The definition of power appears in the first paragraph, and the definition of authority appears in the second. Note the author's use of the word “generic” to describe “power.” Skimming the answers, Choices (B) and (E) look like possibilities. Choice (B) looks right and Choice (E) looks wrong; the author says that authority is a kind of power and that it shouldn't depend on outright coercion or persuasion. Choice (A) is wrong because both authority and power can involve persuasion and coercion. Choice (C) doesn't work because nowhere does the author suggest that authority goes with politics and power goes with the military. Choice (D) is likewise wrong. Choice (B) is the best answer.

18. A. The speaker's authority becomes weaker, whereupon he can resort to persuasion or force, or reassert his authority by invoking his privileged position.

Here's what the author says: “If the listener demands a reason for a command or asks about the consequences of disobedience, the speaker's authority falters. At this point, authority may give way to persuasion or naked force, or it may be reasserted by invoking the privileged, authoritative position of the speaker.” Choice (A) looks like it matches up pretty well with that. Choice (B) is wrong because the speaker doesn't necessarily lose power but may lose authority. In addition, you should automatically be suspicious of extreme wording such as “loses all power.” Choice (C) is just plain wrong. Choice (D) isn't right either, because the speaker could also use persuasion or reinvoke his authority. Choice (E) definitely isn't right. Choice (A) is the best answer.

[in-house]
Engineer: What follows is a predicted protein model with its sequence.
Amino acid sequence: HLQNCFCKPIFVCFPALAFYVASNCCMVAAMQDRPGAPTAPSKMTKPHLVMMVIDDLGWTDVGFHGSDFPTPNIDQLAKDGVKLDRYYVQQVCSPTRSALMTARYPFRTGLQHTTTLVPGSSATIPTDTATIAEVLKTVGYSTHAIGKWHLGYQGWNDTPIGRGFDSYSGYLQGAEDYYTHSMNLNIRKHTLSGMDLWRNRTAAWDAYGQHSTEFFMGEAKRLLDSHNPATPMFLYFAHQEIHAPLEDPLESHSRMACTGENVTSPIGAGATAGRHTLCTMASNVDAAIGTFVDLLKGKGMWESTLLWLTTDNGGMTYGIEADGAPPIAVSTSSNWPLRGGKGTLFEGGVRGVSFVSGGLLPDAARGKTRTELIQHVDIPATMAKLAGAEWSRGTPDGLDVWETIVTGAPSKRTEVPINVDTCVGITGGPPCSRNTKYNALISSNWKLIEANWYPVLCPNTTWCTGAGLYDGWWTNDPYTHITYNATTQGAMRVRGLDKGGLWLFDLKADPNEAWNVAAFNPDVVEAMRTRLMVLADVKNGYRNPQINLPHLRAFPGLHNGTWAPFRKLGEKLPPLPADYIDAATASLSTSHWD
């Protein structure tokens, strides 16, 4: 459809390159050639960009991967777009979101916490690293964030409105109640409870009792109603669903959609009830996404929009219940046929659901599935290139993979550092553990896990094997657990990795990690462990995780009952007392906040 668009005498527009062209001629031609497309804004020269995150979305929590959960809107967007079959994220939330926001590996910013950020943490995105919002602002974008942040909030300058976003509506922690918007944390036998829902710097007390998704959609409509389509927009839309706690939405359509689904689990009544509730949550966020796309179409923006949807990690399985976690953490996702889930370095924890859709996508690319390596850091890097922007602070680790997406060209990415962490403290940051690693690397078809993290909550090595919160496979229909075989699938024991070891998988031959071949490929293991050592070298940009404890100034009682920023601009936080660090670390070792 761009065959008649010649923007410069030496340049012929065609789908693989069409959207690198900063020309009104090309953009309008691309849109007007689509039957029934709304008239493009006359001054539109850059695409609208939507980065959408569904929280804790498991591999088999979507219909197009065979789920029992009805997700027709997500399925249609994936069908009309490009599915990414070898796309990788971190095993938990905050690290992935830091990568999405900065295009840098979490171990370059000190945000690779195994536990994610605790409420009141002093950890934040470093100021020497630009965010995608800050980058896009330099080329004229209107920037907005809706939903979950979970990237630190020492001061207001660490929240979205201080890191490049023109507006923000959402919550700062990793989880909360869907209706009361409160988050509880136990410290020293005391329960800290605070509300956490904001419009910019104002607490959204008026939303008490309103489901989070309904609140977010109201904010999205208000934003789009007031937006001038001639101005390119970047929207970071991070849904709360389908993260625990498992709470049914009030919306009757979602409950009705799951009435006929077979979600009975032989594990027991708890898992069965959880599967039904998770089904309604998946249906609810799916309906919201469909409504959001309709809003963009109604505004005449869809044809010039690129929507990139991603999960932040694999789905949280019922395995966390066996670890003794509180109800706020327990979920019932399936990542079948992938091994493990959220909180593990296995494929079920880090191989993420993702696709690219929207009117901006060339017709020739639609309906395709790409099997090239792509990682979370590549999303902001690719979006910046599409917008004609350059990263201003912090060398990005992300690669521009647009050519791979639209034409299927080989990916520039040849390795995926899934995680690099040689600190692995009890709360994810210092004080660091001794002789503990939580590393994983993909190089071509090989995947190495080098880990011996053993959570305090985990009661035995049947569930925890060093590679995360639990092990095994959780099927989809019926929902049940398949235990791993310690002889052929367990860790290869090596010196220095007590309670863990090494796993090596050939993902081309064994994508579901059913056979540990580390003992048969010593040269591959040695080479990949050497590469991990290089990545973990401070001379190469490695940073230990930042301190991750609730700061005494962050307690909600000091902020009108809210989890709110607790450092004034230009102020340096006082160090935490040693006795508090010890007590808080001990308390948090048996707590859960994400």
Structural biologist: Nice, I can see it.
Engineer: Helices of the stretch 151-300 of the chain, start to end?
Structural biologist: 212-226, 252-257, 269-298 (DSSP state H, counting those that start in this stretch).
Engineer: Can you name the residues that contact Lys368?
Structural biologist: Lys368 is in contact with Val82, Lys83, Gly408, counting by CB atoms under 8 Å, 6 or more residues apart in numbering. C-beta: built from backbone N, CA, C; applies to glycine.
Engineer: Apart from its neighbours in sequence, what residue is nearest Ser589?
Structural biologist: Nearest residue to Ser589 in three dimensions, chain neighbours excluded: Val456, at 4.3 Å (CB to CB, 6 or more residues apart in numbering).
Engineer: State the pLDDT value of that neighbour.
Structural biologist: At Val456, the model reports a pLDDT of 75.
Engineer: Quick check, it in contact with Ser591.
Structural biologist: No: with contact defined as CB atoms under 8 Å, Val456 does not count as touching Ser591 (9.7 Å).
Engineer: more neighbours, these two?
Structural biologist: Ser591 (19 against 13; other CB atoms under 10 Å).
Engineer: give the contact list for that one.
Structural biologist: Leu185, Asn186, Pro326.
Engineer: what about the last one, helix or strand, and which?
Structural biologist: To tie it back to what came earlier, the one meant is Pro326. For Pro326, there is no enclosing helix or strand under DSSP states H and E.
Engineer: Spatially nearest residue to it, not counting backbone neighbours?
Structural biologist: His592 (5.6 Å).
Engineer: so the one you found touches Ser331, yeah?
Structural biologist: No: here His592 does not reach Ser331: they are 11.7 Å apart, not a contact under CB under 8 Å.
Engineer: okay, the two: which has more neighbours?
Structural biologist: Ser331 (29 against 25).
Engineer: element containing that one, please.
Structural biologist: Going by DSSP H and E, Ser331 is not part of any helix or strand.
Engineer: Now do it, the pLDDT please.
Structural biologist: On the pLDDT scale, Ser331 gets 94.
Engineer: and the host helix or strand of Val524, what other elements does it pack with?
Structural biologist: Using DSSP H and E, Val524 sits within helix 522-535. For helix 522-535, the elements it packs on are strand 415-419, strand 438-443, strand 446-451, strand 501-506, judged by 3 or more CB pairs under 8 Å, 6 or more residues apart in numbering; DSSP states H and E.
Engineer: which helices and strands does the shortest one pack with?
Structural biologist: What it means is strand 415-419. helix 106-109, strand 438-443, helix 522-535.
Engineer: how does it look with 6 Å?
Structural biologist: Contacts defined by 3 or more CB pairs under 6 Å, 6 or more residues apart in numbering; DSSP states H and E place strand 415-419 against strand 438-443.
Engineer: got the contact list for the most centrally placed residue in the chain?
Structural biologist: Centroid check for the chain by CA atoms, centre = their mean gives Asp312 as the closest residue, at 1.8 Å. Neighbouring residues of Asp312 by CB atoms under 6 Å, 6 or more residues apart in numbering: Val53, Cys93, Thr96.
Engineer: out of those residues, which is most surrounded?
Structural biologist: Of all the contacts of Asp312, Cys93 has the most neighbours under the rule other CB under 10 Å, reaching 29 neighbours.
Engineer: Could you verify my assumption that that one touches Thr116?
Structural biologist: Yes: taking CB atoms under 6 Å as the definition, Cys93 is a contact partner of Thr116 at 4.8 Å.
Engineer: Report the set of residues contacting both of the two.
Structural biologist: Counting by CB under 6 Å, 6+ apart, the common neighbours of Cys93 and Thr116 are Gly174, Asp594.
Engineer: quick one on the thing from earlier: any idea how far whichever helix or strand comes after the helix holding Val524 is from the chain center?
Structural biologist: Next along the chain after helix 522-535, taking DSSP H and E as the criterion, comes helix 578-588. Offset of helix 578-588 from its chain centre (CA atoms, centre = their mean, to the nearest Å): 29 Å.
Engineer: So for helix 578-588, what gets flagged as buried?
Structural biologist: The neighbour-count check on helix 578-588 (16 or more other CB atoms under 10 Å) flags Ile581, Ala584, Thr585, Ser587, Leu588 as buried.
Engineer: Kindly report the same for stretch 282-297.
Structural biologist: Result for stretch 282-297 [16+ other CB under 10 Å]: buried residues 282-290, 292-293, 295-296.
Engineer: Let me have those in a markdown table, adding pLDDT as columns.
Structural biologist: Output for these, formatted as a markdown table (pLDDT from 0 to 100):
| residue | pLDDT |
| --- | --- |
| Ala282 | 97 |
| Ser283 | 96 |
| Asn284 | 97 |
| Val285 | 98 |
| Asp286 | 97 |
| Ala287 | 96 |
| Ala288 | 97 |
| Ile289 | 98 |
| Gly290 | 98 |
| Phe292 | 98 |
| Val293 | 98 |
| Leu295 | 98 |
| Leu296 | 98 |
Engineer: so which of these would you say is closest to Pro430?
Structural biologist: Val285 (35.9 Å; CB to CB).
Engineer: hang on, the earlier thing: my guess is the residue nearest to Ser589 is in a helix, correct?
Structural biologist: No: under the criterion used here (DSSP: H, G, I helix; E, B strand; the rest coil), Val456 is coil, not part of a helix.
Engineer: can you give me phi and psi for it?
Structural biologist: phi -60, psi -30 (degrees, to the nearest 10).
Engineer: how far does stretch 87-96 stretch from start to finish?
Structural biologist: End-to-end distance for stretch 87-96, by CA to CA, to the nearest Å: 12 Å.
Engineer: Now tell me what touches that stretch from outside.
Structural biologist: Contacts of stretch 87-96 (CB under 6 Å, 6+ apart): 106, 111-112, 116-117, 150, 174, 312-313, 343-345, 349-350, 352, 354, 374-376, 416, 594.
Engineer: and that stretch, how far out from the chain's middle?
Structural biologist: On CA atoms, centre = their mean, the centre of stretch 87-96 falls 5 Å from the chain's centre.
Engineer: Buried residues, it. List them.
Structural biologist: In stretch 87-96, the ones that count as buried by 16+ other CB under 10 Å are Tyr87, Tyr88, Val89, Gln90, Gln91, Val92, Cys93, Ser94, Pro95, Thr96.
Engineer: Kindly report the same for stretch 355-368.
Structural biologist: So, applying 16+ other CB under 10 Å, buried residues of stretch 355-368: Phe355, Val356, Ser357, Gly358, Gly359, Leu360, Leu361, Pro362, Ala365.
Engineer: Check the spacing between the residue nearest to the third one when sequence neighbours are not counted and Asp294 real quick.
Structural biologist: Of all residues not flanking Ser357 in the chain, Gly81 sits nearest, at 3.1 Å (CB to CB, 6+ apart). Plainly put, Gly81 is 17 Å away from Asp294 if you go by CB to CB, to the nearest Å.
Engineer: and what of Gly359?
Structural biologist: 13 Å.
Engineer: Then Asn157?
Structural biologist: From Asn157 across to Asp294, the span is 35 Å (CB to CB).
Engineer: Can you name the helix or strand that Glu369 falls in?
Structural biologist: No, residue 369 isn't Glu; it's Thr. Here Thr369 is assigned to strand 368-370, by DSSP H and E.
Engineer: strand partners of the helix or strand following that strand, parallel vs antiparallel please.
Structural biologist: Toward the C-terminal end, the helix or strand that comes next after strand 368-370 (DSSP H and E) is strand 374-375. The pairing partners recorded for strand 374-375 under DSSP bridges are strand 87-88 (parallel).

19. E. The Panama Canal, built as a result of military strategists worried about transporting Navy ships from one ocean to another, not only expedited military transport but also made moving cargo between the oceans easier, opening a wealth of economic opportunities.

This passage is a short history lesson on the Panama Canal — the events that preceded its construction and the worries they caused, and then the effects on the world after it was operational. Choice (A) isn't the main point, though it is a factoid you can figure out from the passage. Choice (B) isn't the main point, either; the passage isn't only about the U.S. Navy's use of the canal during World War I. Choice (C) sums up the first half of the passage but doesn't do justice to the whole thing. Choice (D) is a conclusion that the author doesn't state. Choice (E) is the best answer; it sums up the passage nicely.

20. D. Without the canal, the only way to transport boats from the Atlantic to the Pacific was to sail them around the entire continent of South America, which took more than two months.

Why did the United States decide it needed the Panama Canal? The only way to get ships from the Atlantic to the Pacific or vice versa was to sail around the entire continent of South America. The narrow Isthmus of Panama (an isthmus is a little strip of land with ocean on either side of it) was an obvious place to construct a passage to shorten the trip. Choice (A) isn't right; the Navy had no desire to build two complete fleets. Choice (B) is true, but the passage gives the impression that the impetus behind the construction was military, not commercial. Choice (C) is misleading because it's the event that starts off the passage, but you're looking for a logistical problem, and having a ship blown up doesn't fit that category. Choice (D) looks right. The problem was indeed that it took too long to move ships from one ocean to another. Choice (E) is similar to Choice (C) in that it mentions the event that begins the passage and led to worry by military strategists, but the single instance of lacking a ship wasn't the logistical problem that led to the digging of a major canal. Choice (D) is correct.